[16] See, eg, 1100816 [2011] RRTA 356 (Unreported, Member Short, 3 May 2011); 0903707 [2009] RRTA 758 (Unreported, Member Hodgkinson, 18 August 2009); 1008364 [2010] RRTA 1135 (Unreported, Member Leehy, 22 December 2010) where the applicants, in arguing for refugee status, highlighted the stigma of HIV status in South Africa, Vietnam and Indonesia respectively. See also 1219395 [2013] RRTA 633 (Unreported, Member Marquard, 26 June 2013) where the applicant raised the stigma of mental illness in Ghana.

[17] Major and O’Brien, above n 10, 394.

[18] Mark L Hatzenbuehler, Jo C Phelan and Bruce G Link, ‘Stigma as a Fundamental Cause of Population Health Inequalities’ (2013) 103(5) American Journal of Public Health 813.

[19] Nicolas Rüsch et al, ‘Brief Reports: Self-Stigma, Empowerment, and Perceived Legitimacy of Discrimination among Women with Mental Illness’ (2006) 57 Psychiatric Services 399, 399; Major and O’Brien, above n 10, 395.

[20] David A Snow and Leon Anderson, ‘Identity Work among the Homeless: The Verbal Construction and Avowal of Personal Identities’ (1987) 92 American Journal of Sociology 1336, 1348.

[21] Goffman, above n 1, 6.

[22] Hughey, above n 15, 219.

[23] Goffman, above n 1, 3.

[24] Hughey, above n 15, 221.

[25] L Bates and T Stickley, ‘Confronting Goffman: How Can Mental Health Nurses Effectively Challenge Stigma? A Critical Review of the Literature’ (2013) 20 Journal of Psychiatric and Mental Health Nursing 569.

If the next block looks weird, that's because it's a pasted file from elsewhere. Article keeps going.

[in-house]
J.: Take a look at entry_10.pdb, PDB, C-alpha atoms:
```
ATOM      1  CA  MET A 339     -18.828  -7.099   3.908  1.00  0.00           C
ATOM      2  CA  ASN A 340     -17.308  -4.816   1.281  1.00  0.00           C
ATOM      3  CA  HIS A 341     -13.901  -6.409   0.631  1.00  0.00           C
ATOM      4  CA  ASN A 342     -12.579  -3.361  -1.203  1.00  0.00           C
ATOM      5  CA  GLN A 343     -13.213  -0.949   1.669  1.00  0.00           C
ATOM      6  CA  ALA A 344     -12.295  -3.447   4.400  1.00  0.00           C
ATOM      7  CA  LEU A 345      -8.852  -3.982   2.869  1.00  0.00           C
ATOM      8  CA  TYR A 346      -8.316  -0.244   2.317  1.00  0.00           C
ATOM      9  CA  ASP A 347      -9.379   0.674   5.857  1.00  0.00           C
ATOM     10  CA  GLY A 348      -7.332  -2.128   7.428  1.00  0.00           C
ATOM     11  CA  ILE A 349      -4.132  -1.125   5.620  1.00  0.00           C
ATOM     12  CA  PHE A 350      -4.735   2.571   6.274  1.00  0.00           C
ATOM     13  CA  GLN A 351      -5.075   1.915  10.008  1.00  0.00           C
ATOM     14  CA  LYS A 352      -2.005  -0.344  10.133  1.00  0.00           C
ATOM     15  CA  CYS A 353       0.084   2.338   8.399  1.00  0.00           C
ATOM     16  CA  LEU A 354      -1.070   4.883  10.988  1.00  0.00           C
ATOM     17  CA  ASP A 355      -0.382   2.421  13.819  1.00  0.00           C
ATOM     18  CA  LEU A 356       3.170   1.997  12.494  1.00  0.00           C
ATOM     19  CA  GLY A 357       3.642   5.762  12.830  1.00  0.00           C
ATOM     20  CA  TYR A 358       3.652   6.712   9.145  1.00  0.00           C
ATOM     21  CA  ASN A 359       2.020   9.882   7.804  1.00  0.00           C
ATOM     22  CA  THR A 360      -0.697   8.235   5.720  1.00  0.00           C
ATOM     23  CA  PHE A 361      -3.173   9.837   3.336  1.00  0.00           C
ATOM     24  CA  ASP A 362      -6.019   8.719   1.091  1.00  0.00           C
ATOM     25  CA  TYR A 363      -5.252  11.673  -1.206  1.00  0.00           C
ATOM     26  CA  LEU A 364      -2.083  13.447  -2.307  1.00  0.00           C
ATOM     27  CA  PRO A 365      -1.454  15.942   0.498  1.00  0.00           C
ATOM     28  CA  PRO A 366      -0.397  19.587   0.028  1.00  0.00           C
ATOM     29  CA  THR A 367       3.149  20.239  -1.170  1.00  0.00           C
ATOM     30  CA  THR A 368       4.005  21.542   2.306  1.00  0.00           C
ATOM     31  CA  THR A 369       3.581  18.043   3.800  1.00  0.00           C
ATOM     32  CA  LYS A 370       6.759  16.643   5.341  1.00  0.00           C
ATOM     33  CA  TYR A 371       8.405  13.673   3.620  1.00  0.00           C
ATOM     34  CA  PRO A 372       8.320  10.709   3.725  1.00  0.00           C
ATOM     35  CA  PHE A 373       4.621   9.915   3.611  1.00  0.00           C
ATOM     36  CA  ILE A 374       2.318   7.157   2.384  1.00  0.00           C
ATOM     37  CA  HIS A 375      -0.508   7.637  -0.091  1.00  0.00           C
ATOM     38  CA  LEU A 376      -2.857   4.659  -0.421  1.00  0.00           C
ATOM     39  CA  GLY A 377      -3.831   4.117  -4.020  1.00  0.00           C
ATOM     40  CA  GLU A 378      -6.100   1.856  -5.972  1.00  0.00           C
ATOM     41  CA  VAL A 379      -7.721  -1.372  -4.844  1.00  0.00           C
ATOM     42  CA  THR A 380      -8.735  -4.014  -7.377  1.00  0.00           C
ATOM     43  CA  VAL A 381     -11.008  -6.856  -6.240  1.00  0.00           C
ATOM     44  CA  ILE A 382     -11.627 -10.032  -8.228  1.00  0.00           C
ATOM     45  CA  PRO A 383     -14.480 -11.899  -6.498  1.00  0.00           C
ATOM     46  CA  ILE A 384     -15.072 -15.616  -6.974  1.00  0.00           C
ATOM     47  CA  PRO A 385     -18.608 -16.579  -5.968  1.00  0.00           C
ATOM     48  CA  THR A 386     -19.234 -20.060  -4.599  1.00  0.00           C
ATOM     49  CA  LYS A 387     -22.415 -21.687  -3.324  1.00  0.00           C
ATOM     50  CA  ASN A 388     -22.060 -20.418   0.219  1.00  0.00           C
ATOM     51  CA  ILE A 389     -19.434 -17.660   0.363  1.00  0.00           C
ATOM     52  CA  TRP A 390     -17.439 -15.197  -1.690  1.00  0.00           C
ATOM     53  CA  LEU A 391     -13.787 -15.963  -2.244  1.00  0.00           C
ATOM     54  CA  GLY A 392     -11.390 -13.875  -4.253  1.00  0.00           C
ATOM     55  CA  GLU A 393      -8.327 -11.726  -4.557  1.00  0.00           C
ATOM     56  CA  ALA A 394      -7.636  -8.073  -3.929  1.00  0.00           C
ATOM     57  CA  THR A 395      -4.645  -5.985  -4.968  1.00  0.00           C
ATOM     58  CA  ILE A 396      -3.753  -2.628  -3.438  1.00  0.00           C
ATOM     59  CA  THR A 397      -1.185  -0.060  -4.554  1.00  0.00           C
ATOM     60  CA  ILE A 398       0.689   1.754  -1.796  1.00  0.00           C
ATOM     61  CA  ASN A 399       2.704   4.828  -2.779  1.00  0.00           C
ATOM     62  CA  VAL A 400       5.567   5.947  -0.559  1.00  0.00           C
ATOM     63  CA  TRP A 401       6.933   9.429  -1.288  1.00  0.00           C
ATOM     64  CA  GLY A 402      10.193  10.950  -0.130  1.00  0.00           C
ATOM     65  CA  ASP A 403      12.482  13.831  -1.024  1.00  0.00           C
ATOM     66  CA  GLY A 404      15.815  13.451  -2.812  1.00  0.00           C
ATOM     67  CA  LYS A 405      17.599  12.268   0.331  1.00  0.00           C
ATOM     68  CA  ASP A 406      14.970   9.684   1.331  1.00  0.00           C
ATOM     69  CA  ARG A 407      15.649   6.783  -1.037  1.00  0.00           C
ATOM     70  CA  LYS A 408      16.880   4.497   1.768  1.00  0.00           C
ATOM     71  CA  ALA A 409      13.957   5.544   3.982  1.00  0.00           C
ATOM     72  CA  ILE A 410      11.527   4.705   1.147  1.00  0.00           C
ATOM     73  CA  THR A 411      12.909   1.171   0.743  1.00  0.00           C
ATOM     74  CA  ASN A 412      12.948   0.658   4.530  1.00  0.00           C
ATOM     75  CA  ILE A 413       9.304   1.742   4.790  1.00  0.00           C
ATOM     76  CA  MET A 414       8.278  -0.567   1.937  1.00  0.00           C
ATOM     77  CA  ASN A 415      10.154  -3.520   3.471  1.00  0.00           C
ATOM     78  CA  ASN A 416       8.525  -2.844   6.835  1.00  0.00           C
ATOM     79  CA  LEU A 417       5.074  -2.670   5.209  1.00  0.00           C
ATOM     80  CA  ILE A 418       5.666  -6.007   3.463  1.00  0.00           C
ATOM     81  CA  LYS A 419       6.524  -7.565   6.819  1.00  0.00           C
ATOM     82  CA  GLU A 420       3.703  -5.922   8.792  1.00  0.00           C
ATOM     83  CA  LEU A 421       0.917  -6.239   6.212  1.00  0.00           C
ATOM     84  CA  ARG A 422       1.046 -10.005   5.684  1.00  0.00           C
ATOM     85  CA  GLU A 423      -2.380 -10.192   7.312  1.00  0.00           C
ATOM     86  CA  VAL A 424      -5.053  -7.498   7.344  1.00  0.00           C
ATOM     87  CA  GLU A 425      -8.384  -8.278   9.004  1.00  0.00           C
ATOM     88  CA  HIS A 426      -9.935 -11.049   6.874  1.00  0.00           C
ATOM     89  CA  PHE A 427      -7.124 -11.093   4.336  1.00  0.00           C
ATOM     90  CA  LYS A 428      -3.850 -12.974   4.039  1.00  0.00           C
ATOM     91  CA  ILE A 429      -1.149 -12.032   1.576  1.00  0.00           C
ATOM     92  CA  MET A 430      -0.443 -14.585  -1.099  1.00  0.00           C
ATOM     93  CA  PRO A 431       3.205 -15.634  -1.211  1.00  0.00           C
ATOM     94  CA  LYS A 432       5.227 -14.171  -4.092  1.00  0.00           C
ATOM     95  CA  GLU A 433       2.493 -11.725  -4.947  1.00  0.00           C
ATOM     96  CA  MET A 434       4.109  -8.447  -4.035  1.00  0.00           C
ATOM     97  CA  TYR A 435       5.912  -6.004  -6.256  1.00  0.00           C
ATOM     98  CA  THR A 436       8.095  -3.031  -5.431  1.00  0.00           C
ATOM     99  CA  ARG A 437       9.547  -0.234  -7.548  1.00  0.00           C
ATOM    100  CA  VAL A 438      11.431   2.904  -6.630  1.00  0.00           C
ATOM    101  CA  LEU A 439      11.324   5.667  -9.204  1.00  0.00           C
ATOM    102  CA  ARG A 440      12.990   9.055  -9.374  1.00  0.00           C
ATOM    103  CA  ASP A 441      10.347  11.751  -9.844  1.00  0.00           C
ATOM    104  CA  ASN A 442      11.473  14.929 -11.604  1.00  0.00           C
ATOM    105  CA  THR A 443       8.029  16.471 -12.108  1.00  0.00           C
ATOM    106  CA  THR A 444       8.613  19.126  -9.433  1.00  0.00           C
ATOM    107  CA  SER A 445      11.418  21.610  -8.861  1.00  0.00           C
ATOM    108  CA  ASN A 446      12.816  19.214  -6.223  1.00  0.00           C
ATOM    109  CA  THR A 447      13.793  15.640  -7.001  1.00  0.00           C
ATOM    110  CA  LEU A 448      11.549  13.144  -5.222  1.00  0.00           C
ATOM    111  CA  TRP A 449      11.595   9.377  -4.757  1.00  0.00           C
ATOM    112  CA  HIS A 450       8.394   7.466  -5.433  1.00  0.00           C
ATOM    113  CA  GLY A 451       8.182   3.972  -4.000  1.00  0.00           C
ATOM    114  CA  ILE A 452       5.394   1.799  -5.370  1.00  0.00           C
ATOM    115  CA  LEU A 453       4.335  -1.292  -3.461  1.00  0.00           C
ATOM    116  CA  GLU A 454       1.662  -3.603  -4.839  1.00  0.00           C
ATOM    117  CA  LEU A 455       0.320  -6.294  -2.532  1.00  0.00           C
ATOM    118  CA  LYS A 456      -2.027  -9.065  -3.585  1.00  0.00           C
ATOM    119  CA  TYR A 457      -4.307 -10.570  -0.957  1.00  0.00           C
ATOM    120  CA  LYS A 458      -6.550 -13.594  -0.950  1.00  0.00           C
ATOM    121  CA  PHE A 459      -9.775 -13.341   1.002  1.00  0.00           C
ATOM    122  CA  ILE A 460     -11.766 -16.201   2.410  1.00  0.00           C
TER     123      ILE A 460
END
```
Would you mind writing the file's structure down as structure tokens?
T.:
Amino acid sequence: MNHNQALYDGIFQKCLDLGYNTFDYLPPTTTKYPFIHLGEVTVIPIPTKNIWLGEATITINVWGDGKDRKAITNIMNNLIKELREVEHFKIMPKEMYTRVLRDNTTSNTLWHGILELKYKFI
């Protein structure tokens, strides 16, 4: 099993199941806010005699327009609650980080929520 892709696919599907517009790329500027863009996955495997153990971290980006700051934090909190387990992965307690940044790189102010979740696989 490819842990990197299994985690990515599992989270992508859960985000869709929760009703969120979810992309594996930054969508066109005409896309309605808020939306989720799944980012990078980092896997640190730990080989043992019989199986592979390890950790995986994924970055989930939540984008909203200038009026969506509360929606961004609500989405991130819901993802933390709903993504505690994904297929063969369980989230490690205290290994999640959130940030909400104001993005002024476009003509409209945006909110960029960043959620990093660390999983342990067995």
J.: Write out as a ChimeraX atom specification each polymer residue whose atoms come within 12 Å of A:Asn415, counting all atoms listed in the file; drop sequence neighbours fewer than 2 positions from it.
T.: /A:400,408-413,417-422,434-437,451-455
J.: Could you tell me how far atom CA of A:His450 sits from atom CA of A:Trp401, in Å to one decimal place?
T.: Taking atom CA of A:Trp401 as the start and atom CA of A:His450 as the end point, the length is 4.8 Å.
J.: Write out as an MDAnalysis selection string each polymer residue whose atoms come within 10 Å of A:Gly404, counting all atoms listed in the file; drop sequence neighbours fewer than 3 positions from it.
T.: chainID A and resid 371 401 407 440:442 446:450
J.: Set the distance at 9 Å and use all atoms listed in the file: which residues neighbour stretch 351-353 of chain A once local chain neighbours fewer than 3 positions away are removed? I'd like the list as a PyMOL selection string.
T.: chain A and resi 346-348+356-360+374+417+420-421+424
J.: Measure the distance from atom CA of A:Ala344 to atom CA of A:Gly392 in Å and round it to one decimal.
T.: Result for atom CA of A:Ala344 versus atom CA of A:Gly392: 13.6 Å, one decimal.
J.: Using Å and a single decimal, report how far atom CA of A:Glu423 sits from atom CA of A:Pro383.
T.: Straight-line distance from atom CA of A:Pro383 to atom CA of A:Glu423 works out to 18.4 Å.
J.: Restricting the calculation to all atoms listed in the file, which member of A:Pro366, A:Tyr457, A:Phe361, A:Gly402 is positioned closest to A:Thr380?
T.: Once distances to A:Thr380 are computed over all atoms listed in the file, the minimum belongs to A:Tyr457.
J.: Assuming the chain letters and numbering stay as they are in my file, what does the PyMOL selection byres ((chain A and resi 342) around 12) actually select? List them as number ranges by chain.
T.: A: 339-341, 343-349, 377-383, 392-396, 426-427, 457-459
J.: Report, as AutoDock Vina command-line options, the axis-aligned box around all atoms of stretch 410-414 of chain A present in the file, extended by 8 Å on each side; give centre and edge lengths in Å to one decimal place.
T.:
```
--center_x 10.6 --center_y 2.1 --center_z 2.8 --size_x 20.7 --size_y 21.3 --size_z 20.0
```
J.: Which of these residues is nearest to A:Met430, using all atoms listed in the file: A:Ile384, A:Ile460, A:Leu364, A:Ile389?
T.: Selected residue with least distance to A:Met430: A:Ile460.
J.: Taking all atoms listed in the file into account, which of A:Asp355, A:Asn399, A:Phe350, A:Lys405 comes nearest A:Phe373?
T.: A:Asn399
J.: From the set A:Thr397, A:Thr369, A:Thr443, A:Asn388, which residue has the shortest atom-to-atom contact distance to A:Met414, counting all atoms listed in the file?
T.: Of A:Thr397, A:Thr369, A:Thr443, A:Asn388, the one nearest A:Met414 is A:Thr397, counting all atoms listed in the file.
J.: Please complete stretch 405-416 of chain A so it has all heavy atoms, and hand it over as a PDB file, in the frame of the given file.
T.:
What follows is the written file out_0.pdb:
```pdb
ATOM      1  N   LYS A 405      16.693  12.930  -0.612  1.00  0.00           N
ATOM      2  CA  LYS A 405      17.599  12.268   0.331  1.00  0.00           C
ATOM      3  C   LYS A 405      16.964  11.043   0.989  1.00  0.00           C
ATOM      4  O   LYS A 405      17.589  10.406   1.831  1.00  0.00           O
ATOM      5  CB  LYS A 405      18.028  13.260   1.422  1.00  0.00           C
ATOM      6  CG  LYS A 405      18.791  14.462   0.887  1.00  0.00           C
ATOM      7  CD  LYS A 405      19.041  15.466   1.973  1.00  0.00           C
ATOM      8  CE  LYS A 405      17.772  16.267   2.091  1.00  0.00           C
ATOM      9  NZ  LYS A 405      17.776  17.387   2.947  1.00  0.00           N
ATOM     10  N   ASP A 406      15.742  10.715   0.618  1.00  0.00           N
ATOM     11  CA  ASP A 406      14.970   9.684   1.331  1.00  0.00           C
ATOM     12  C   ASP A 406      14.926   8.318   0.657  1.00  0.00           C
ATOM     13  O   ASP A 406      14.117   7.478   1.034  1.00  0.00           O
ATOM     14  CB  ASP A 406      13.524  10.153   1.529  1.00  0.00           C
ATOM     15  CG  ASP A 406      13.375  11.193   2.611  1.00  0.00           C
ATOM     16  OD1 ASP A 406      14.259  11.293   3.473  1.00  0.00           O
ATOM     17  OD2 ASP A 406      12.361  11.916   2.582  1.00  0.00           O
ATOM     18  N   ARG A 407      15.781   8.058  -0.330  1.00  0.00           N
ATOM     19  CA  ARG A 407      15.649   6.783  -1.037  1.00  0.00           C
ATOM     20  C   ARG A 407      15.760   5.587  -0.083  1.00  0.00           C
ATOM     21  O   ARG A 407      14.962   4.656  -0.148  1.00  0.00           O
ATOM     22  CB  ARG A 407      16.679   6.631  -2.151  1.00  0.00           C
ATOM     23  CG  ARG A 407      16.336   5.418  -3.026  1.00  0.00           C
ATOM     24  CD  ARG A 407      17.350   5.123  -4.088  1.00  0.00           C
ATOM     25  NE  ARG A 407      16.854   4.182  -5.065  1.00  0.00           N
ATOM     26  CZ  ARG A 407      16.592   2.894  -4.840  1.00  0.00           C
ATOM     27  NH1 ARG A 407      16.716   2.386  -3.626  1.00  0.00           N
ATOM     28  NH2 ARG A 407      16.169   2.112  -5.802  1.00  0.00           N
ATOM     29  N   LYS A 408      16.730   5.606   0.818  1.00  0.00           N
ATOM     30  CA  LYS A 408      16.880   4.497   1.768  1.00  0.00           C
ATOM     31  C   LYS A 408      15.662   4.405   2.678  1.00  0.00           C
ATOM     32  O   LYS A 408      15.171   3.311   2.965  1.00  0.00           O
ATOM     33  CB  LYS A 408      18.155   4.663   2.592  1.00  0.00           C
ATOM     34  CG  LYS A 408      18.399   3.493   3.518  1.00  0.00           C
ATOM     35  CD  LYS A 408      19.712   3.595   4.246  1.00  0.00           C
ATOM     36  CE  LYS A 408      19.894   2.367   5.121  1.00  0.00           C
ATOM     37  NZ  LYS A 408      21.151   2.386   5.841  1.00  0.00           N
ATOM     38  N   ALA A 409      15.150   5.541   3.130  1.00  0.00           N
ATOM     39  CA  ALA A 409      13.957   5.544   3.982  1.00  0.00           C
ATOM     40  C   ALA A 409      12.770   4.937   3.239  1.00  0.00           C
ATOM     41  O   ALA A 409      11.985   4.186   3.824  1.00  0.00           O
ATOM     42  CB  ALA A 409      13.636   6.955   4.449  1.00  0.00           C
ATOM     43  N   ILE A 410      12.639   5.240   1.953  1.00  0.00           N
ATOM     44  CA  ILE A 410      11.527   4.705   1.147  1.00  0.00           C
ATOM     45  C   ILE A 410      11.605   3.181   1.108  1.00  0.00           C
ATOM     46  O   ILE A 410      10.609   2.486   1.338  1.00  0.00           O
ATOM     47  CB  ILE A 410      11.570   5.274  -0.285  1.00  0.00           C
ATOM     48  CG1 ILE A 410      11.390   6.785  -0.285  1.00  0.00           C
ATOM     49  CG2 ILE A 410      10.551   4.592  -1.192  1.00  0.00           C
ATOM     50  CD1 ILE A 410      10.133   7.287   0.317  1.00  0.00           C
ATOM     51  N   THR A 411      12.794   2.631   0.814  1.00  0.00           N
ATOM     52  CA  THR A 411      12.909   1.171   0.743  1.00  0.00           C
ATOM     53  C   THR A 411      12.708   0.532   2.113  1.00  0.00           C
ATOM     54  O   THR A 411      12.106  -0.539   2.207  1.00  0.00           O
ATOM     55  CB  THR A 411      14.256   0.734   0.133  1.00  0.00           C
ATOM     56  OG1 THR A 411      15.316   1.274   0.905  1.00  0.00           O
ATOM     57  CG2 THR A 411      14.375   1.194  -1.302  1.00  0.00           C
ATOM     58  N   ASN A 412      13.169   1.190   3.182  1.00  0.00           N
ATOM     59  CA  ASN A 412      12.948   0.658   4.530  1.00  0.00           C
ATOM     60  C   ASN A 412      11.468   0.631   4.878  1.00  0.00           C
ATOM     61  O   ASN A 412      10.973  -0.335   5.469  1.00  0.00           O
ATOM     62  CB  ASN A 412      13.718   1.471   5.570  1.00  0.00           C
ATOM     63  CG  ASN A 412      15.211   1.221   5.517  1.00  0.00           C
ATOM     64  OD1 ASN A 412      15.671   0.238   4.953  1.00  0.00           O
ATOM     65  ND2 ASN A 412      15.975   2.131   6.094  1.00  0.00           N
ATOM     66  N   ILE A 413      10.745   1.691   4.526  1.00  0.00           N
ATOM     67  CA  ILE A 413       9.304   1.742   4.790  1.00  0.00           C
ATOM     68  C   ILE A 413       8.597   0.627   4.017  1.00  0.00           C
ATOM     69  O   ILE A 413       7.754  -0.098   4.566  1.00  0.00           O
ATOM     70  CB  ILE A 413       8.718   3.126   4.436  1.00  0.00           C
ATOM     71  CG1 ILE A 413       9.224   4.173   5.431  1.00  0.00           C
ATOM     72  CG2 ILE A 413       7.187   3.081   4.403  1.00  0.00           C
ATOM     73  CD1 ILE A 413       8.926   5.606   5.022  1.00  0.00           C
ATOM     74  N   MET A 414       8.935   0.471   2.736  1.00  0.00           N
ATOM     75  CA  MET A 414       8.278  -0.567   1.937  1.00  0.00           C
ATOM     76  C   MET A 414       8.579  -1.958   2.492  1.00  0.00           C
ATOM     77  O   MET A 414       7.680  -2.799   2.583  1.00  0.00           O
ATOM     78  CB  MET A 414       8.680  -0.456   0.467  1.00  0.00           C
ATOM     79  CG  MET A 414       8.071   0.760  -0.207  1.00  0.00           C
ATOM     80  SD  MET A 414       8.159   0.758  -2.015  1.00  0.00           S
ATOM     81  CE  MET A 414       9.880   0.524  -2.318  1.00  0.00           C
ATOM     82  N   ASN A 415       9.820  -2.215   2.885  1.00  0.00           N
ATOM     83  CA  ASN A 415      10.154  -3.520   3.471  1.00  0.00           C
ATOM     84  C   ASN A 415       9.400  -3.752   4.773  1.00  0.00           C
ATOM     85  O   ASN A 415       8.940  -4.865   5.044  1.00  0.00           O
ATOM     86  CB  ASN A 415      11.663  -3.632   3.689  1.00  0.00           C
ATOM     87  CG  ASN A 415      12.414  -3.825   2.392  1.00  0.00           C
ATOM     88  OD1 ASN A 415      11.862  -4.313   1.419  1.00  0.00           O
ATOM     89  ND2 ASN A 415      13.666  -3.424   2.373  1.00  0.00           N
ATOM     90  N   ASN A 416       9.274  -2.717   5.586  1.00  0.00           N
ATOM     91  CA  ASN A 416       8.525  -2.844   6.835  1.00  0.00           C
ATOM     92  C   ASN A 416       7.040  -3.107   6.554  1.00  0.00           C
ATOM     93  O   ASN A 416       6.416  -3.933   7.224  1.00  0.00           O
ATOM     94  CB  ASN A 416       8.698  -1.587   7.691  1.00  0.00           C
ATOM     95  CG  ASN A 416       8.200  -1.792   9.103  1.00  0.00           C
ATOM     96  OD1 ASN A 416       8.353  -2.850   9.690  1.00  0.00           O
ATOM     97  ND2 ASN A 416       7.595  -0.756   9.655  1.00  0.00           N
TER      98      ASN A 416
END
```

[26] Solangel Maldonado, ‘Illegitimate Harm: Law, Stigma, and Discrimination against Nonmarital Children’ (2011) 63 Florida Law Review 345.

[27] Kate Bodkin, Alannah Delahunty-Pike and Tim O’Shea, ‘Reducing Stigma in Healthcare and Law Enforcement: A Novel Approach to Service Provision for Street Level Sex Workers’ (2015) 14 International Journal for Equity in Health <> .

[28] Jake Goldenfein, ‘Police Photography and Privacy: Identity, Stigma and Reasonable Expectation’ [2013] UNSWLawJl 12; (2013) 36 University of New South Wales Law Journal 256.

[29] Karen O’Connell, ‘The Clean and Proper Body: Genetics, Stigma and Disability Discrimination Laws’ [2009] AUJlHRights 6; (2009) 14(2) Australian Journal of Human Rights 139.

[30] Paula Abrams, ‘The Bad Mother: Stigma, Abortion and Surrogacy’ (2015) 43 Journal of Law, Medicine & Ethics 179.

[31] Hughey, above n 15, 219.

[32] O’Connell, above n 29, 139.

[33] Alex Frederickson, Labelled: Inside the Stigmatised World of Mental Illness (Plantapress, 2014).

[34] Goffman, above n 1, 129.